“I read it but I don’t get it!” Helping your son with comprehension
Helping boys with comprehension is paramount.
“James often plows right through reading, decoding words but not comprehending.”
“I can tell that Samuel doesn’t get the meaning as he works through a text.”
“Alex just gives up.”
As a teacher and tutor with 20+ years’ experience, I think that comprehension is probably one of the hardest areas for your son to grasp and one that often needs parent involvement.
Discover what you son already knows by tapping into his prior knowledge. Often boys know more than we credit them for – draw out those ideas that are swirling around in his head. You son will comprehend better if he can make a connection between the text, his life and the world at large.
Start off by asking your son, “Does this make sense?” If the answer is no, use the most basic fix-up techniques of rereading, reading ahead, skipping or filling in a word.
One could argue, however, that if a child didn’t ‘get it’ the first time, then re-reading the text won’t help.
So try this tip: When your son reads, encourage him to have an inner conversation with the text. Does he respond with excitement, humour, wonder, even anger? If your son questions the text, disagrees with the author or nods his head in agreement then he’s better able to connect ideas, make inferences and better understand what he’s reading.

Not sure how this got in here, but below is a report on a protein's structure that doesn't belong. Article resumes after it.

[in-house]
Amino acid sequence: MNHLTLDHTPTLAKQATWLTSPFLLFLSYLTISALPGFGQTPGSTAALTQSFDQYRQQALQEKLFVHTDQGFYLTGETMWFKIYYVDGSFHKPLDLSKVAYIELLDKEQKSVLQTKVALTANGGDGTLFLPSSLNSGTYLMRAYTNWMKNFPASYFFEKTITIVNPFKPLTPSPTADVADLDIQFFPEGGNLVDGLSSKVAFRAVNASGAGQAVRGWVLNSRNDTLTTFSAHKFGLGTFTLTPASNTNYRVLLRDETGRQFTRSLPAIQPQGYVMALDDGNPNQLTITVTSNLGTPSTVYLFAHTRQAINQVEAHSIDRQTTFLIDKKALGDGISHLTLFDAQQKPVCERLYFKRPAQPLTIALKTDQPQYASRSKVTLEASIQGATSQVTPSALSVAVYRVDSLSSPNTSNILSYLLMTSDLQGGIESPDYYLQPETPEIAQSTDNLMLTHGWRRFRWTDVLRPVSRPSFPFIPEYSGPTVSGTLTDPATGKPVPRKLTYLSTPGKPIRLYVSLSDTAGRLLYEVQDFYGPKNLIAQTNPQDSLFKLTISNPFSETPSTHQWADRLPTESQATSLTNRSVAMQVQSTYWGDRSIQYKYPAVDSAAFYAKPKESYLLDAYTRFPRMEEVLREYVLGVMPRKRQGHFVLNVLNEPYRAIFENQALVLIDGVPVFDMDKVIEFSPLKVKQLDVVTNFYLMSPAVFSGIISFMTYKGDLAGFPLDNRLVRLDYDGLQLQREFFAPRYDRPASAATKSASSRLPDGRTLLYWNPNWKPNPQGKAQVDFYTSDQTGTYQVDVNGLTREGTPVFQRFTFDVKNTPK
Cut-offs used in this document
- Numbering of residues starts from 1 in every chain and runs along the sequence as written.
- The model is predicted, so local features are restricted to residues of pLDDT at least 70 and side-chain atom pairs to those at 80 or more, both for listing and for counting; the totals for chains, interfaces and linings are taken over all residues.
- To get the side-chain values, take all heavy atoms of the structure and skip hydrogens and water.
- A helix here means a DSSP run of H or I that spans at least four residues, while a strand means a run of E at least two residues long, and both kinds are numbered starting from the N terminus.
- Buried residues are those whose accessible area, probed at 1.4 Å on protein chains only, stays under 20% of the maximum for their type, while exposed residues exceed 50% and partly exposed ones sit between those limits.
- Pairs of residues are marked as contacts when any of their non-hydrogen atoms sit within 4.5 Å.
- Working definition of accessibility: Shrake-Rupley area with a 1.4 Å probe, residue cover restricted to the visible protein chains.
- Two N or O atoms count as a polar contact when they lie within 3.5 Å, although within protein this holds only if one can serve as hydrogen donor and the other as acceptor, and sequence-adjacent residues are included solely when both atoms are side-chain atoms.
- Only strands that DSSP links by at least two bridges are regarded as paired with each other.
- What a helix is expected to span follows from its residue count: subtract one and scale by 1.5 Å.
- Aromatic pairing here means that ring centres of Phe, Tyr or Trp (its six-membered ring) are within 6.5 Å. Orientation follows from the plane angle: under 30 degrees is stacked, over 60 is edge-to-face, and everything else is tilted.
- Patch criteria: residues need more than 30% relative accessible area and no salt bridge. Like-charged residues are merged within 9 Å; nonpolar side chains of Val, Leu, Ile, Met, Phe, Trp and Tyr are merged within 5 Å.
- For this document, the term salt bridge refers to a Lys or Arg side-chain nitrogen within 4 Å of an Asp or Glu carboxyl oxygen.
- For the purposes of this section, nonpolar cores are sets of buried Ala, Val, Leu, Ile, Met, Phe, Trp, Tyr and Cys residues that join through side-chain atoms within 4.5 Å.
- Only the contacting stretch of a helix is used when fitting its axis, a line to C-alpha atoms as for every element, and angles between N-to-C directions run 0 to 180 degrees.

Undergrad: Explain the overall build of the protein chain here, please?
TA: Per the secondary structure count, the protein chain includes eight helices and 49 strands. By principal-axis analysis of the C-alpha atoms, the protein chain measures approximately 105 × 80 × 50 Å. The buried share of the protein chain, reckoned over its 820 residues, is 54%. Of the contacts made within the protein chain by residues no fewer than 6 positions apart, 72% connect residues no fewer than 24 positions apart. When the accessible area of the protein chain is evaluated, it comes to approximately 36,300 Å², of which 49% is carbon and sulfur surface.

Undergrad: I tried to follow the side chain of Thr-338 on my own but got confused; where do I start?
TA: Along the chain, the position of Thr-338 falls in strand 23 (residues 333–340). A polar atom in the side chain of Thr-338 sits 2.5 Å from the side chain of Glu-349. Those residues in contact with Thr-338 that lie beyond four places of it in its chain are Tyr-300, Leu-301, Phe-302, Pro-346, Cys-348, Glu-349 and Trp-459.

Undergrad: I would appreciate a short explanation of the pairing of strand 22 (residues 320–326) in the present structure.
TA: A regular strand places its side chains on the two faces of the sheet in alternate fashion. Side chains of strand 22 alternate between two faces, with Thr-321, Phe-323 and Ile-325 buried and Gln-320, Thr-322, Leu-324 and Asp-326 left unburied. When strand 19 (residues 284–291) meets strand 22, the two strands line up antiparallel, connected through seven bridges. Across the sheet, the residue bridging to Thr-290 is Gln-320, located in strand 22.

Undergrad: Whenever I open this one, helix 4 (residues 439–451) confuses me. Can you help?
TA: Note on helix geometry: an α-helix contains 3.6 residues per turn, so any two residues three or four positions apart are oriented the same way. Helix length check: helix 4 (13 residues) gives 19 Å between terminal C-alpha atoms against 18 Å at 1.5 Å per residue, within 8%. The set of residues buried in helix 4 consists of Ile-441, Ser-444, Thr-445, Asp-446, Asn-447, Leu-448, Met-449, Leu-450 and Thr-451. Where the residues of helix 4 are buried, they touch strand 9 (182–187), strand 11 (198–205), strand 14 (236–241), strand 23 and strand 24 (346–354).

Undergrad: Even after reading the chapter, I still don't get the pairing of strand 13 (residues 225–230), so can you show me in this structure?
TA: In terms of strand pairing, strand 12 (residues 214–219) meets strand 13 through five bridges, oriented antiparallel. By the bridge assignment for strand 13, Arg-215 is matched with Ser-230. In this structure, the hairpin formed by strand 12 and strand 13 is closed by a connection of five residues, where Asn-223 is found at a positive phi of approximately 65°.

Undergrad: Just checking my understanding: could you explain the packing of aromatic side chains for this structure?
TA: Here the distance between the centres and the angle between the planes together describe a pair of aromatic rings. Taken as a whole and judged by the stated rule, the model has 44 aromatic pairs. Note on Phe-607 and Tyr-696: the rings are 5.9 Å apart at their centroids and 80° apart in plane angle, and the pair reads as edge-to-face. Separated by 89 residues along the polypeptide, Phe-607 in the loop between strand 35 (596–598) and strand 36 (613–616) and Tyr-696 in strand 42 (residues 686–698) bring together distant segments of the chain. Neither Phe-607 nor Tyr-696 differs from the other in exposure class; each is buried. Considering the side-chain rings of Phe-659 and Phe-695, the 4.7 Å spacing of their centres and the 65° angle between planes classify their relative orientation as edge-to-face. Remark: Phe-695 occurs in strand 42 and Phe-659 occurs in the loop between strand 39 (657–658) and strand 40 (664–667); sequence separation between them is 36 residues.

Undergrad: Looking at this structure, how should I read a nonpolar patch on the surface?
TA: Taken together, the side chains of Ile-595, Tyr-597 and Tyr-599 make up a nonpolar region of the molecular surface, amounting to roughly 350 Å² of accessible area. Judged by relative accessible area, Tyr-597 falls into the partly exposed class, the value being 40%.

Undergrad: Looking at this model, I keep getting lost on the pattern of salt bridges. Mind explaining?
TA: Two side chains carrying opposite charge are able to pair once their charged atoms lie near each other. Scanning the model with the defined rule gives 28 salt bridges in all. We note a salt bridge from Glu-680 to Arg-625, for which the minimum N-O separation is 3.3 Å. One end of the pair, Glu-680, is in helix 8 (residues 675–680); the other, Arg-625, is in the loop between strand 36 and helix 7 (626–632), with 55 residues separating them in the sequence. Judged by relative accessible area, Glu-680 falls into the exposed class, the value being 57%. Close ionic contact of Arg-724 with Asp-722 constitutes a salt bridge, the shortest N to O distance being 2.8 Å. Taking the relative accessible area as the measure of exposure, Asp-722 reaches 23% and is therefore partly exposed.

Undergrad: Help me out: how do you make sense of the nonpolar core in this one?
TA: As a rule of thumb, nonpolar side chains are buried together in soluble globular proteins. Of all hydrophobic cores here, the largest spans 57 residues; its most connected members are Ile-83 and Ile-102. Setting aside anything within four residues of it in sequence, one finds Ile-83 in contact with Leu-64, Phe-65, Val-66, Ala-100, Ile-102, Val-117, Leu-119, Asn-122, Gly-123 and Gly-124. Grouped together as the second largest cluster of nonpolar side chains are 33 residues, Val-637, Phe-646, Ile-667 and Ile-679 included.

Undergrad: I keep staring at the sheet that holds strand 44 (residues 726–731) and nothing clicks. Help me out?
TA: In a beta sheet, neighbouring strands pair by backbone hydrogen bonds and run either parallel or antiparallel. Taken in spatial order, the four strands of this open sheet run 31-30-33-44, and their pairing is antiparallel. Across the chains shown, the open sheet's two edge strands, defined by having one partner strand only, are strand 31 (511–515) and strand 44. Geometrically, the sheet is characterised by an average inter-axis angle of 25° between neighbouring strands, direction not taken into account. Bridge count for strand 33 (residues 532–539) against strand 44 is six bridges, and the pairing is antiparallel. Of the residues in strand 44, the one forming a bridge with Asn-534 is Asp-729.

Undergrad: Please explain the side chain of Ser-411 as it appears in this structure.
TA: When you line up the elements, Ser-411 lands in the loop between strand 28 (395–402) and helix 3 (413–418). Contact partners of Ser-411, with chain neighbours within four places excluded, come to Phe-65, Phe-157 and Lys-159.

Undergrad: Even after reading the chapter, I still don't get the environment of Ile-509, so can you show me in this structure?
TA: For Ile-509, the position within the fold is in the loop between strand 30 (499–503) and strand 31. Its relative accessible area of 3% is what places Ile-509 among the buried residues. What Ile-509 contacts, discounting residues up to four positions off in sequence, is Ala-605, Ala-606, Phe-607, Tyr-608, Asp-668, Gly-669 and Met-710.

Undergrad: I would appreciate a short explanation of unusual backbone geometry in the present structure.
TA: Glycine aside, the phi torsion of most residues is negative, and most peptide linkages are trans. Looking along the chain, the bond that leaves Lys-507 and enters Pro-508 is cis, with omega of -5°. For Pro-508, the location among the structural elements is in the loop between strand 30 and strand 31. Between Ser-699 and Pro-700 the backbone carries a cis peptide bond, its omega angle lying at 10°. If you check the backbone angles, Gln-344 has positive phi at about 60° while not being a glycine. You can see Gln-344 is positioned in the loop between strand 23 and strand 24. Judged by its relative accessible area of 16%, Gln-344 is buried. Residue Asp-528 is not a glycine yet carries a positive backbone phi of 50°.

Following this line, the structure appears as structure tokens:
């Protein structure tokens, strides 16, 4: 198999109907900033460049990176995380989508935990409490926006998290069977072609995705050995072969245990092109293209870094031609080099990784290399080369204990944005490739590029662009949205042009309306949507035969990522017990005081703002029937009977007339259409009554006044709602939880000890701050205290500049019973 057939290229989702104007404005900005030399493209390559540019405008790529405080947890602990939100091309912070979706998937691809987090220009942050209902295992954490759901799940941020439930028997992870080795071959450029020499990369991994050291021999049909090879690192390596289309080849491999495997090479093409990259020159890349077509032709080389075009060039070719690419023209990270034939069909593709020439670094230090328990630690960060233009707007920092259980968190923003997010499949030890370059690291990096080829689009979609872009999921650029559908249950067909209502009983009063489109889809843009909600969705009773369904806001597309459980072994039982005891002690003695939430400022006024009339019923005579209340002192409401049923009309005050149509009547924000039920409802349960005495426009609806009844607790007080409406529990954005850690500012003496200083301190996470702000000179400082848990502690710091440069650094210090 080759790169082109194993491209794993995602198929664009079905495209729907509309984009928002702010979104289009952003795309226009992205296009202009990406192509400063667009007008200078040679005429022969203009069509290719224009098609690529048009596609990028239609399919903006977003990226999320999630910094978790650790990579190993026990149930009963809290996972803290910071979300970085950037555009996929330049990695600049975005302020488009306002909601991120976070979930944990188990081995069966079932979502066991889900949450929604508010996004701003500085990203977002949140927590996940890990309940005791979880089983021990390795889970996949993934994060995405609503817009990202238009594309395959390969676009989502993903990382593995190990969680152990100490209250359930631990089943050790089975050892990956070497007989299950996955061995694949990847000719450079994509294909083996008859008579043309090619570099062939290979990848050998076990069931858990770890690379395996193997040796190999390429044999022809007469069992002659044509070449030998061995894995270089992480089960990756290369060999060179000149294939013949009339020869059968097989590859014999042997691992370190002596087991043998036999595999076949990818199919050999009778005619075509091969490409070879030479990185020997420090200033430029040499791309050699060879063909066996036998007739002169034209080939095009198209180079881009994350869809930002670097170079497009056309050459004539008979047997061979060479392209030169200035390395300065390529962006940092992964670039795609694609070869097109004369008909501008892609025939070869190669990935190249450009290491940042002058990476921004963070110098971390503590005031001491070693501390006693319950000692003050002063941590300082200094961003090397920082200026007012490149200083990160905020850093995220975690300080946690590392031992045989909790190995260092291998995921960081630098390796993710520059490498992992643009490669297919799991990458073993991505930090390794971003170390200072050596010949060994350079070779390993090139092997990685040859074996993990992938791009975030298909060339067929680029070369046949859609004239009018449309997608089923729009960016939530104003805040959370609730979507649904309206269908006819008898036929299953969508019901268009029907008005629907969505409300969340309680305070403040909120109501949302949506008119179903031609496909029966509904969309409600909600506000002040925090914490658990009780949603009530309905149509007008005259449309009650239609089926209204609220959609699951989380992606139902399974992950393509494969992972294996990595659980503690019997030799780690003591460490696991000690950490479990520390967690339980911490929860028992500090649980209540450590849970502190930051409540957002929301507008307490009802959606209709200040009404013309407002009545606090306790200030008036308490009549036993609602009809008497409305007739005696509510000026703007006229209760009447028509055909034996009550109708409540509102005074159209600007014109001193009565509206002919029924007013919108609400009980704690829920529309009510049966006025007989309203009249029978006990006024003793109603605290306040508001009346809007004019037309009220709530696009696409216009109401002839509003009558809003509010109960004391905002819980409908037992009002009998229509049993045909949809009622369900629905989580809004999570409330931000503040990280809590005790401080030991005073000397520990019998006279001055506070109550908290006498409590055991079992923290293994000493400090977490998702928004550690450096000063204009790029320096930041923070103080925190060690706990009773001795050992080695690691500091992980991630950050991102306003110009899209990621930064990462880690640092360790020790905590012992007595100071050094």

Encourage your son to form a mental image from the clues in the text/book.
We want our boys to recognise how important their thinking is when they read – even from an early age.
To add fun use sticky notes to jot down ideas, questions, points, pictures – I find that boys of all ages enjoy doing this.
The famed children’s author Madeleine L’Engle says, “Readers usually grossly underestimate their own importance. If a reader cannot create a book along with the writer, the book will never come to life. . . . The author and the reader ‘know’ each other. They meet in the bridge of words.”
Comprehension must be guided with deeper questions. Not the usual how, why, where, who, when but asking How is X like Y? Why is X important? What conclusions can you draw about Y?
There is strong evidence to show that helping boys to ask deep questions in order to build explanations is beneficial to student learning – in all subject areas, not just reading.
Finding the right books
Generally, your son should recognize 80 – 90% of the words in the books. Stopping too often will interrupt the flow and will just cause confusion as he tries to focus on the overall meaning.
Also, the text should fire them up to start reading so choose stories that interest them!
Most important of all, make time for reading. With practice comes reading comprehension.
Check out our blogs for more ideas and tips.
Brought to you by Tanya Grambower